Eating nuts two or more times per week was associated with a 17 per cent lower risk of cardiovascular mortality compared to consuming nuts once every two weeks. The connection was robust even after adjusting for factors that could influence the relationship such as age, sex, education, smoking, and physical activity. Nut intake was inversely associated with the other outcomes but lost significance after adjustment.
Meanwhile, the HUNT study invited all residents of Norway aged 20 and older to participate in 1984-1986, 1995-1997, and 2006-2008. At all three time points, individuals were asked about their frequency and duration of leisure time physical activity. The current study used the data from the first and third surveys.
A total of 23,146 men and women were included in the analysis. Physical activity was categorised as inactive, moderate (less than two hours a week), and high (two or more hours per week). Participants were divided into groups according to their activity levels at each survey.
Physical activity data were linked to information on deaths until the end of 2013 using the Norwegian Cause of Death Registry. The risk of death in each physical activity group was compared to the reference group (those who reported a high level of exercise during both surveys). The analyses were adjusted for factors known to influence prognosis such as body mass index, age, sex, smoking, education level, and blood pressure.
Compared to the reference group, people who were inactive in both 1984-1986 and 2006-2008 had a two-fold higher likelihood of all-cause death and 2.7-fold greater risk of dying from cardiovascular disease. Those with moderate activity at both time points had 60 per cent and 90 per cent raised risks of all-cause and cardiovascular deaths, respectively, compared to the reference group.
Moholdt noted that there are clear recommendations about the amount of exercise adults should do to optimise their health, which are 150 minutes a week of moderate intensity or 75 minutes a week of vigorous intensity aerobic physical activity.
But she added: “An important point to make here is that physical activity levels even below the advised levels will give health benefits. Physical fitness is more important than the amount of exercise. Clinicians should individualise their advice and help people do even smaller amounts of activity that will improve fitness — this includes all types of exercise that make you breathe heavily.”
“Do activities you like and get more movement into your everyday life,” she continued. “For example, walk to the shops instead of driving, get off the metro a stop early, and use stairs instead of the lift. I recommend everyone to get out of breath at least a couple of times each week.”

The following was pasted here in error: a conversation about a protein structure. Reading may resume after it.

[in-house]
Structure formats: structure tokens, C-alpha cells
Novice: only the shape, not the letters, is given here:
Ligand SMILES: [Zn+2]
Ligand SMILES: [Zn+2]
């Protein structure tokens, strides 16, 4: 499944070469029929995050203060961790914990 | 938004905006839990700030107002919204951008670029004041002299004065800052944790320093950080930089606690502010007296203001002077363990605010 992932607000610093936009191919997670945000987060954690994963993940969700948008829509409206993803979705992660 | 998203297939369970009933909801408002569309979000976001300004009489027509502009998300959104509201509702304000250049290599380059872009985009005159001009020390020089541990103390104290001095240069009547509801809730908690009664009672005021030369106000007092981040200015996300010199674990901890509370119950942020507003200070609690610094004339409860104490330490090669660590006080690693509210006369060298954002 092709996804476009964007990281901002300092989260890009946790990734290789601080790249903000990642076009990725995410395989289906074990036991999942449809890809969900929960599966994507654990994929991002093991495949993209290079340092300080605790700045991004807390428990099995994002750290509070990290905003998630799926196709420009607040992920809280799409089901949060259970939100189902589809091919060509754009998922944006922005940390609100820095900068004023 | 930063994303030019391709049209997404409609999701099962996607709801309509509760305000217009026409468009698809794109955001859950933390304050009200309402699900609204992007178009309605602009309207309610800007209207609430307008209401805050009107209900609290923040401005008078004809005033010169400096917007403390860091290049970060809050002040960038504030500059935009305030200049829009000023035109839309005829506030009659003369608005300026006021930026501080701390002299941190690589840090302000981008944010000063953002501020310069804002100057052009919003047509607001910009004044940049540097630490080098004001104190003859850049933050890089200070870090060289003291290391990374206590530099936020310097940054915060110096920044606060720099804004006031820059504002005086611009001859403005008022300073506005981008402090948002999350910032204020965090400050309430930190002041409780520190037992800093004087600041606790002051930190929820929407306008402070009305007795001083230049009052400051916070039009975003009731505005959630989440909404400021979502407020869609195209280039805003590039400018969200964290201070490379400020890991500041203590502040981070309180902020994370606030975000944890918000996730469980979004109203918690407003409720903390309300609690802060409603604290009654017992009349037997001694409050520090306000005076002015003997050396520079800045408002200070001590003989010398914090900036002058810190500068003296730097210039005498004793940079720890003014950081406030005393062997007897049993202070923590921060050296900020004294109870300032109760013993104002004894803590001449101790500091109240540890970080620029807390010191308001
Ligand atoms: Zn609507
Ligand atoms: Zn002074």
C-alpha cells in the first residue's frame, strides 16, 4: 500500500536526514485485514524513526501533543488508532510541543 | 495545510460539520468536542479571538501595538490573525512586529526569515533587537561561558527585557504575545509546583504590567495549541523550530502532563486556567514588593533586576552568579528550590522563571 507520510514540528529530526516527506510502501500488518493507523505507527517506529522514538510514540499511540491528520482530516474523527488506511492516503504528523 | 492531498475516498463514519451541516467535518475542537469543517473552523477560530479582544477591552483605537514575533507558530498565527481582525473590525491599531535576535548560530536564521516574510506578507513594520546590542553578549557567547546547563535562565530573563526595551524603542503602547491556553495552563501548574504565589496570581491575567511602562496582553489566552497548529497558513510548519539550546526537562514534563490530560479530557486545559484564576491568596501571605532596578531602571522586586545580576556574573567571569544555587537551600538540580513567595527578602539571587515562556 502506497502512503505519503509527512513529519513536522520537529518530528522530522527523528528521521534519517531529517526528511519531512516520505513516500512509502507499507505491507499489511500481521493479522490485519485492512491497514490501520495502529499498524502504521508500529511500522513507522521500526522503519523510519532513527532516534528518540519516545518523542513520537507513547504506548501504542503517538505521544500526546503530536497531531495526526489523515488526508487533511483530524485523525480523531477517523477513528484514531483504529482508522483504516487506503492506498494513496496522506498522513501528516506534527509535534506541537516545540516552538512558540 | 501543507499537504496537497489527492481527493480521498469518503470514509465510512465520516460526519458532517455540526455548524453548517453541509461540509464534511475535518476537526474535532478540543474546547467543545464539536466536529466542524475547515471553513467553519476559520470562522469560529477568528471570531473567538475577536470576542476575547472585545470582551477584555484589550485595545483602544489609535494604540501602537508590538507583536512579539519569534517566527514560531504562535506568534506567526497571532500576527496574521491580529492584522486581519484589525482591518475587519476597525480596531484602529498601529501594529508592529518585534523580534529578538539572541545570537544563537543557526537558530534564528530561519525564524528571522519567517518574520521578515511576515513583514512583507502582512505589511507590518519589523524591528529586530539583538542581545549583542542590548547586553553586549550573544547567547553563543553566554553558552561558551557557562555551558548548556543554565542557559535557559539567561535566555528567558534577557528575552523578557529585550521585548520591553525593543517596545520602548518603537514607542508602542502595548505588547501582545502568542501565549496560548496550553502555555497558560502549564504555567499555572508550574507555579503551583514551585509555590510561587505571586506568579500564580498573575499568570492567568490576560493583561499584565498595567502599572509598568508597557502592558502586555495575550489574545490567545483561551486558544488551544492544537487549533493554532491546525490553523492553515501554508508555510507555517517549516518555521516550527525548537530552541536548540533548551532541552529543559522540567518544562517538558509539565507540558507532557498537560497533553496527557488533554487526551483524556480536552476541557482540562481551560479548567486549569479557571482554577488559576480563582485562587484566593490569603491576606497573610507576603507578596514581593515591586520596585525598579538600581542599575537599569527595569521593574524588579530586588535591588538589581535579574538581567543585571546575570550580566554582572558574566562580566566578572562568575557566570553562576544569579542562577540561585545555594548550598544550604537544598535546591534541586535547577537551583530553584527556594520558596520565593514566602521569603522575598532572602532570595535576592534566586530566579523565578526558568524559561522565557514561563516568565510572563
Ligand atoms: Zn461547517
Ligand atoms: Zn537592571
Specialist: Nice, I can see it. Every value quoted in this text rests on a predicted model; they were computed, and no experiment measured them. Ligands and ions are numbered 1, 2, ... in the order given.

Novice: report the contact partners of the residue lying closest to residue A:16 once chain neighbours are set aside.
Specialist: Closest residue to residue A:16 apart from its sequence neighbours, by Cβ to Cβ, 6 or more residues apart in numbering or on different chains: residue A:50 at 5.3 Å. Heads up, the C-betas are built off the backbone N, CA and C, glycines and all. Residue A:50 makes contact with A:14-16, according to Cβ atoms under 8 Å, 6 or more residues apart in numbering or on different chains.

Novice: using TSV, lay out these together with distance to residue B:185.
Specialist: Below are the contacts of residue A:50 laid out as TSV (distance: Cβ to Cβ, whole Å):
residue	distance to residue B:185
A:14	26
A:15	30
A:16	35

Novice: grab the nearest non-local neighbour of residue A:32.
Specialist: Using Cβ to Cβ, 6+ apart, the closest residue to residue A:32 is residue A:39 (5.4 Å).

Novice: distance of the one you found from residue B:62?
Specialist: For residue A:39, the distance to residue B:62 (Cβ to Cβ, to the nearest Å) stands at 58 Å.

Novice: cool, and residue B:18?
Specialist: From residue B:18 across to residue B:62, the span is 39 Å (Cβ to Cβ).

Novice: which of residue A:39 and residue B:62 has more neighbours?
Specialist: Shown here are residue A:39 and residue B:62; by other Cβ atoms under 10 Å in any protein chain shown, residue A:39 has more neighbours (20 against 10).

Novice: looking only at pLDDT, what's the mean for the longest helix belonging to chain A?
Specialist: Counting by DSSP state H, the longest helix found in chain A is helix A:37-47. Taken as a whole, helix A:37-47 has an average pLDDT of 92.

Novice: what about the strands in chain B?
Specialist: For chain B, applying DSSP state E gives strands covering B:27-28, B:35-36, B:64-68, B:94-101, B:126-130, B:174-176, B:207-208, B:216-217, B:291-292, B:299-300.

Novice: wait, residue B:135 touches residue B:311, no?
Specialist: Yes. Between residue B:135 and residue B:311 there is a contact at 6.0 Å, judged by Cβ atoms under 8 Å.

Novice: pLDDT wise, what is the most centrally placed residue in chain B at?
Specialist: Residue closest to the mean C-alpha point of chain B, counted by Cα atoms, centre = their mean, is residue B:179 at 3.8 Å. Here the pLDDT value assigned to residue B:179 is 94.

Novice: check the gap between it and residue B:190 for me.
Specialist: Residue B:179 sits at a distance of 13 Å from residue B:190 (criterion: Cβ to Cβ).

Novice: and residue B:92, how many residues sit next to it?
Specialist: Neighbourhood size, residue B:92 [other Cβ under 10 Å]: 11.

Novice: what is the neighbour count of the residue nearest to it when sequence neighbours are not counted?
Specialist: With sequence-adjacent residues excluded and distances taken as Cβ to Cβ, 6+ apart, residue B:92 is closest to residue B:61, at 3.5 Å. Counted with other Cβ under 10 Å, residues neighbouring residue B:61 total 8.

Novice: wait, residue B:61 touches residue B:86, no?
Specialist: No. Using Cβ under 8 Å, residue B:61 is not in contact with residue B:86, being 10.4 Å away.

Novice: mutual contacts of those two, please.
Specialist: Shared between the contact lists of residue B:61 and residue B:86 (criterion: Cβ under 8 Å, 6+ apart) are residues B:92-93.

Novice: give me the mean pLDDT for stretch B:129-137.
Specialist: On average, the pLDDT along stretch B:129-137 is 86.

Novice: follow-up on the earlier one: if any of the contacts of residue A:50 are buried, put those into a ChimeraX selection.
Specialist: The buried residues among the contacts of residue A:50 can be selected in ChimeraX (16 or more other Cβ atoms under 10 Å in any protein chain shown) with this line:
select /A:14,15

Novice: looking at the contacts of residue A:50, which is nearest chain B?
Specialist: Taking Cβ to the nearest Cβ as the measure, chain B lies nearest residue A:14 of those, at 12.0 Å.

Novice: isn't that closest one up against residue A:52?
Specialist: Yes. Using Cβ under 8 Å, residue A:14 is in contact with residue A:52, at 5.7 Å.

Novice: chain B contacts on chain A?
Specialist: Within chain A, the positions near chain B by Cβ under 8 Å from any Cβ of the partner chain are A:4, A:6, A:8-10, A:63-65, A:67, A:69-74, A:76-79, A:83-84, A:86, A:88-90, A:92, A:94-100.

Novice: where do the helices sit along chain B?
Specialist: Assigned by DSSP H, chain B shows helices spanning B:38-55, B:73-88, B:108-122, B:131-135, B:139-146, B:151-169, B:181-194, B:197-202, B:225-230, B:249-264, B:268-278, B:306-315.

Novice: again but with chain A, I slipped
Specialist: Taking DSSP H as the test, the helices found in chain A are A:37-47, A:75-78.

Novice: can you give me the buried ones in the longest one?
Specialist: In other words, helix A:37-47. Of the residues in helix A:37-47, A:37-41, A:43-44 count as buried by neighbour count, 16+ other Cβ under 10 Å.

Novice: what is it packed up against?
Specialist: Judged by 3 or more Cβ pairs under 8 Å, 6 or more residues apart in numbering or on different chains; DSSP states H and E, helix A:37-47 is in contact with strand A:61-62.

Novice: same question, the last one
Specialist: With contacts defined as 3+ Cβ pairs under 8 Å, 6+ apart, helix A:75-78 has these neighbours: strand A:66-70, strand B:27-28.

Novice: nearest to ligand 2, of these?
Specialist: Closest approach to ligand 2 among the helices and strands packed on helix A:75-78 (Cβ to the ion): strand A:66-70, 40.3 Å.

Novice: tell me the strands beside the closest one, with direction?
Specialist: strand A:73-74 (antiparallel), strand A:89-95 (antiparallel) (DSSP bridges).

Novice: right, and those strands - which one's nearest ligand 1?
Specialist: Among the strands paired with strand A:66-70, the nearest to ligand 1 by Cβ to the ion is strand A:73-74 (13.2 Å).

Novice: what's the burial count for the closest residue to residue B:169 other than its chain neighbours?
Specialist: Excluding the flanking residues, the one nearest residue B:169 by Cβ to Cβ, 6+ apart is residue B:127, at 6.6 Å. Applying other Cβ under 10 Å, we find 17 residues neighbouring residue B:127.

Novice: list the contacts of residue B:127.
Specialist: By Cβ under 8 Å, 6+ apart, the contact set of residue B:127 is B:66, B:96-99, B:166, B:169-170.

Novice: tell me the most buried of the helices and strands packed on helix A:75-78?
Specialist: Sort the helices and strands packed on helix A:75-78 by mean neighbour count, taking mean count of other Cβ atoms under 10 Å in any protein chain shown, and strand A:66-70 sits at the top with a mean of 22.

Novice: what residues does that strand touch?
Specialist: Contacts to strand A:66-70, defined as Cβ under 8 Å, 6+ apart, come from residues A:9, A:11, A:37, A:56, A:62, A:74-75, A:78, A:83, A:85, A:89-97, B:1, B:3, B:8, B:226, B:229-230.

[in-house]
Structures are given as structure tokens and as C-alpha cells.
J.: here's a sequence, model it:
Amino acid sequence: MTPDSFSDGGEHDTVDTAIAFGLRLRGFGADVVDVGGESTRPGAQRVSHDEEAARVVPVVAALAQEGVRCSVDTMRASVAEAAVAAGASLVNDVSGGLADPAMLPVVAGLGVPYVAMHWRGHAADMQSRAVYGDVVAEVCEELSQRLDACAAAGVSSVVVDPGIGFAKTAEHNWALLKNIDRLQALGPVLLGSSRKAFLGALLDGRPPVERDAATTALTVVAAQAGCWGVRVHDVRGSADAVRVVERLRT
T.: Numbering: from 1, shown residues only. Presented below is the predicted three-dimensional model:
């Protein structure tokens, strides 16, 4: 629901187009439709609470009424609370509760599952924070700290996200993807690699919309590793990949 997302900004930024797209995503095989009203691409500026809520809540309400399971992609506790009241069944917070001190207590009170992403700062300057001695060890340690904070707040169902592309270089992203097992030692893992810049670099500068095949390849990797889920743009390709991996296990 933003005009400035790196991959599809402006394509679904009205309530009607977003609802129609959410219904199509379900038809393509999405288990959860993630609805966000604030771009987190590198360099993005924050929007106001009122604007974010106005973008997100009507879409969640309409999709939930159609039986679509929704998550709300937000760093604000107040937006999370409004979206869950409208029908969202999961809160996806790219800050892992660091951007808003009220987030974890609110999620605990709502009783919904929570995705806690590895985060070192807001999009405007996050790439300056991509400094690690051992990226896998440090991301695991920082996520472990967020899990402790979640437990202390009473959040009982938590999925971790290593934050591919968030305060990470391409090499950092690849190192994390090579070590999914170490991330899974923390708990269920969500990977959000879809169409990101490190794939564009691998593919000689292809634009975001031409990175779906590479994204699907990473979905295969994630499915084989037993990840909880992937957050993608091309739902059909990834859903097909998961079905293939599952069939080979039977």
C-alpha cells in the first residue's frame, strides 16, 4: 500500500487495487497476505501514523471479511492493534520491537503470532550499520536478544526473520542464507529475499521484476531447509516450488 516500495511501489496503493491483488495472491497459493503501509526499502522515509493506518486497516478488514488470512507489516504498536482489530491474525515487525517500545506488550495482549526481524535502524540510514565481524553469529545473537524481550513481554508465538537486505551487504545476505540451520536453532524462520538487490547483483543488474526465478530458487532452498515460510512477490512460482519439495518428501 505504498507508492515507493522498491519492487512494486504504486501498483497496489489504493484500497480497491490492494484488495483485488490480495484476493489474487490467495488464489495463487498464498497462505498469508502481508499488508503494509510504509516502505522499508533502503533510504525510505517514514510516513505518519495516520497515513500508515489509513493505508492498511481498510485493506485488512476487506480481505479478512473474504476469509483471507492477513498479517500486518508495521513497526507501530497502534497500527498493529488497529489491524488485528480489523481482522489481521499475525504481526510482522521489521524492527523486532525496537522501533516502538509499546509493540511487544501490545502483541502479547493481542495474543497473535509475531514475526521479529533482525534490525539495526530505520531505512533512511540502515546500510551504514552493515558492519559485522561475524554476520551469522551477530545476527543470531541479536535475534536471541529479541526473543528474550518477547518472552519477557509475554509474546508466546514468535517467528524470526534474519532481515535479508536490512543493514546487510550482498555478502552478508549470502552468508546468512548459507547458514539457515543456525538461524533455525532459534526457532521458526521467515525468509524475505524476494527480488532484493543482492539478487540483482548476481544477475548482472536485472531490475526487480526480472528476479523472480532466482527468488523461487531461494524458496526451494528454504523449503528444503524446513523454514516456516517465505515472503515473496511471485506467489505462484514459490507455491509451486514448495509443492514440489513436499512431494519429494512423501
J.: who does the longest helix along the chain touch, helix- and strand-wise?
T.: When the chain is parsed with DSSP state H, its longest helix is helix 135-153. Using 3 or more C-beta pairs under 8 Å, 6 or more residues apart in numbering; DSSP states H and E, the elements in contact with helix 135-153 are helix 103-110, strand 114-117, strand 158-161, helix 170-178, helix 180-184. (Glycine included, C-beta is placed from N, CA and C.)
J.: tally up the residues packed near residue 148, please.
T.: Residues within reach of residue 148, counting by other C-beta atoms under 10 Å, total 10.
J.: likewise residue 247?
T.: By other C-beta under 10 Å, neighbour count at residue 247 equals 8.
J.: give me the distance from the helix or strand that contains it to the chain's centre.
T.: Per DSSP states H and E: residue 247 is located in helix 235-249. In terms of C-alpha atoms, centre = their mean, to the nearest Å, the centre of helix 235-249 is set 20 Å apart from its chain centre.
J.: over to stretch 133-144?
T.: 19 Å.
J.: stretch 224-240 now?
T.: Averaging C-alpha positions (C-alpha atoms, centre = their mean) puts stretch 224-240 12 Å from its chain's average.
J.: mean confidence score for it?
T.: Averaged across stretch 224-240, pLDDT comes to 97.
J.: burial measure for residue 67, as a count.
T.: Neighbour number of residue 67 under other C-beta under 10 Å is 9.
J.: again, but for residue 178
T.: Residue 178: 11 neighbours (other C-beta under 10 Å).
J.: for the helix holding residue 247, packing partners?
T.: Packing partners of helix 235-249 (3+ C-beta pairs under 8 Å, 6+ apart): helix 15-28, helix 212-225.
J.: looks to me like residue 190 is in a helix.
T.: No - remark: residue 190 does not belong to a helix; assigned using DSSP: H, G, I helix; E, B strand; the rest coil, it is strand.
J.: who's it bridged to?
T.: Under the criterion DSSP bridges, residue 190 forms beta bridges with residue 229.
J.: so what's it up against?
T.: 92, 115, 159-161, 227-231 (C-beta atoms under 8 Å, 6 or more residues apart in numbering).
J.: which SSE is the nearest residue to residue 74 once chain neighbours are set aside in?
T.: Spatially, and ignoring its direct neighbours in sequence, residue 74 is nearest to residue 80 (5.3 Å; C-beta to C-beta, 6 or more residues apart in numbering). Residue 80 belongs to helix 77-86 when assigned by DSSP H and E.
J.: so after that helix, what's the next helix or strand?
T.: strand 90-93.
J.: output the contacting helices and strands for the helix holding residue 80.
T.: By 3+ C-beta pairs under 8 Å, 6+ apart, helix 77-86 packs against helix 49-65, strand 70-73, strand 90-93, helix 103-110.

As for those who changed categories between surveys, people who went from inactive to highly active had a mortality risk that was between those who were continually active or continually sedentary. In contrast, those who went from highly active to inactive had a similar risk of dying as those who were inactive at both surveys.
“Our data indicate that you can compensate for a previously inactive lifestyle and the sooner you get active, the sooner you will see positive results,” said Moholdt. “My advice is to establish good exercise habits as early in life as possible. The health benefits extend beyond protection against premature death to effects in the body’s organs and on cognitive function. Physical activity helps us live longer and better lives.” Meanwhile, in Japan, foods like tofu and beans rare more common sources of protein than in the US and other Western nations.
So scientists in Japan studied the long-term differences death risks for people who eat a lot of plant protein and those who get more of the nutrient from plant-based foods. For an average of 20 years, they followed their sample of over 70,500 people. They kept tabs on what diseases the group developed and died of over those two decades.
Although those who ate diets high in animal protein were not at a greater than average risk of dying, people who at more plant protein were at a substantially lower than average risk of death. As processed and red meats are thought to be the most unhealthy, the research team then analyzed how people’s death risks might shift if they switched from animal to plant proteins.
Switching from either red or processed meats to vegetable, fruit and grain proteins was linked to lower risks of dying from cancer, specifically, as well as death from any cause. Moving away from red meat proteins stemmed people’s risks if dying from heart disease, too, in addition to reducing overall and cancer-related mortality.